Autochthonous Chagas Disease — Missouri, 2018

George Turabelidze, MD, PhD; Archana Vasudevan, MD; Christian Rojas-Moreno, MD; Susan P. Montgomery, DVM; Molly Baker, MPH; Drew Pratt, MS; Susanne Enyeart


Morbidity and Mortality Weekly Report. 2020;69(7):193-195. 

In This Article

Case Report

In October 2017, a woman aged 53 years visited her local blood donation center to donate blood. On October 25, 2017, she was notified that a screening test (Abbott Prism Chagas; Abbott Laboratories) of the collected blood was positive for antibodies to T. cruzi. The follow-up confirmatory multistep enzyme strip immunoassay test (Abbott ESA Chagas; Abbott Laboratories) performed on November 8, 2017, also yielded a positive result. The patient was referred by her physician to an infectious disease specialist for further evaluation.

The patient reported no known triatomine bites. Her travel history was remarkable for a trip to California approximately 28 years earlier, when she crossed the Mexican border for a few hours to go shopping. She also traveled to Florida and Alabama for vacation but could not recall the specific year. She reported no insect bites or any medical complaints during those trips.

The patient underwent diagnostic testing at a commercial laboratory on November 28, 2017, with an enzyme-linked immunosorbent assay (ELISA) for T. cruzi immunoglobulin G (IgG), and the results were positive. After discussion with subject matter experts at CDC, confirmatory diagnostic testing was done on September 6, 2018. All diagnostic tests were developed at CDC's Parasitic Diseases laboratory. A Wiener recombinant antigen enzyme immunoassay (EIA) for T. cruzi antibody was positive, and the trypomastigote excreted secreted antigen (TESA) immunoblot assay, a laboratory-developed test, was negative. Because the first two test results were discordant, related to limitations of specificity and sensitivity associated with differences in T. cruzi strains endemic in different geographic areas, a third test, a laboratory-developed immunofluorescence assay (IFA) for T. cruzi IgG antibody, was conducted, and the result was positive.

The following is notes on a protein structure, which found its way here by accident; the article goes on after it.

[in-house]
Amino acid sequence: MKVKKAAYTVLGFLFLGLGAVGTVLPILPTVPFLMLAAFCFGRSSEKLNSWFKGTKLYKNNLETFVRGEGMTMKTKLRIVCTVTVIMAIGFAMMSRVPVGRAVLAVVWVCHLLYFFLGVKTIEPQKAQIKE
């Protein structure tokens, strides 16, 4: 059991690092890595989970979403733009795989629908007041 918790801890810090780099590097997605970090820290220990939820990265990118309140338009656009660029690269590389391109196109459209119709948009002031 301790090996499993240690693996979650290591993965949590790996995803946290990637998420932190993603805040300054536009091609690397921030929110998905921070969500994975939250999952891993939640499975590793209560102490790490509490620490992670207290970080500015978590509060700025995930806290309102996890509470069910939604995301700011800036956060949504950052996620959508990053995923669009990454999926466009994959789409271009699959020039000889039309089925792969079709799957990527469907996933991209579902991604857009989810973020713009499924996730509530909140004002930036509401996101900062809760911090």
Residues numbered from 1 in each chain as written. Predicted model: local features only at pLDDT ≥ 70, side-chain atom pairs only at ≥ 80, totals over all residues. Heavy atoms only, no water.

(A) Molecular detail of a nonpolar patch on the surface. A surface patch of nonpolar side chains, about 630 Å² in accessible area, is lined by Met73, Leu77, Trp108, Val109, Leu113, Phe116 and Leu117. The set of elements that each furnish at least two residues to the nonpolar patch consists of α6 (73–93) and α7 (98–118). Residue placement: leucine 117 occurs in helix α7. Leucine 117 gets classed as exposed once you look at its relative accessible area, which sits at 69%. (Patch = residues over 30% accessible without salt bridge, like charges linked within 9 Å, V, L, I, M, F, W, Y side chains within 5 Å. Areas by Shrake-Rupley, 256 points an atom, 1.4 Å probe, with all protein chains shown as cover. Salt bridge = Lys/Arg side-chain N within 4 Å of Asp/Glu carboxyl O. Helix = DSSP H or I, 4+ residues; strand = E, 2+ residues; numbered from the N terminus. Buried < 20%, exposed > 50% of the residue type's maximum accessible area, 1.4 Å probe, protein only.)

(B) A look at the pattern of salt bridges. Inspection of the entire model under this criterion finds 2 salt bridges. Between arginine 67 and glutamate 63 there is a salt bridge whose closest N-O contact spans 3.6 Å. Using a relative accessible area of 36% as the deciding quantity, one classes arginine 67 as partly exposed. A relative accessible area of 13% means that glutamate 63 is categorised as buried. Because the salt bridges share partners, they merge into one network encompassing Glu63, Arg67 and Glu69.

Given the potential for T. cruzi infection to cause cardiomyopathy, an electrocardiogram was obtained, which showed arrhythmias, including primary atrioventricular block with prolonged PR interval (increased time between the beginning of the P wave and the start of the QRS complex). The patient also underwent echocardiography, which showed mild concentric left ventricular hypertrophy. Both findings were consistent with the chronic phase of infection. After all confirmatory testing, the patient completed a 60-day course of benznidazole (5 mg/kg/day) as treatment for Chagas disease. The patient's blood cell count and liver enzyme levels were monitored closely during her trypanocidal course for treatment side effects.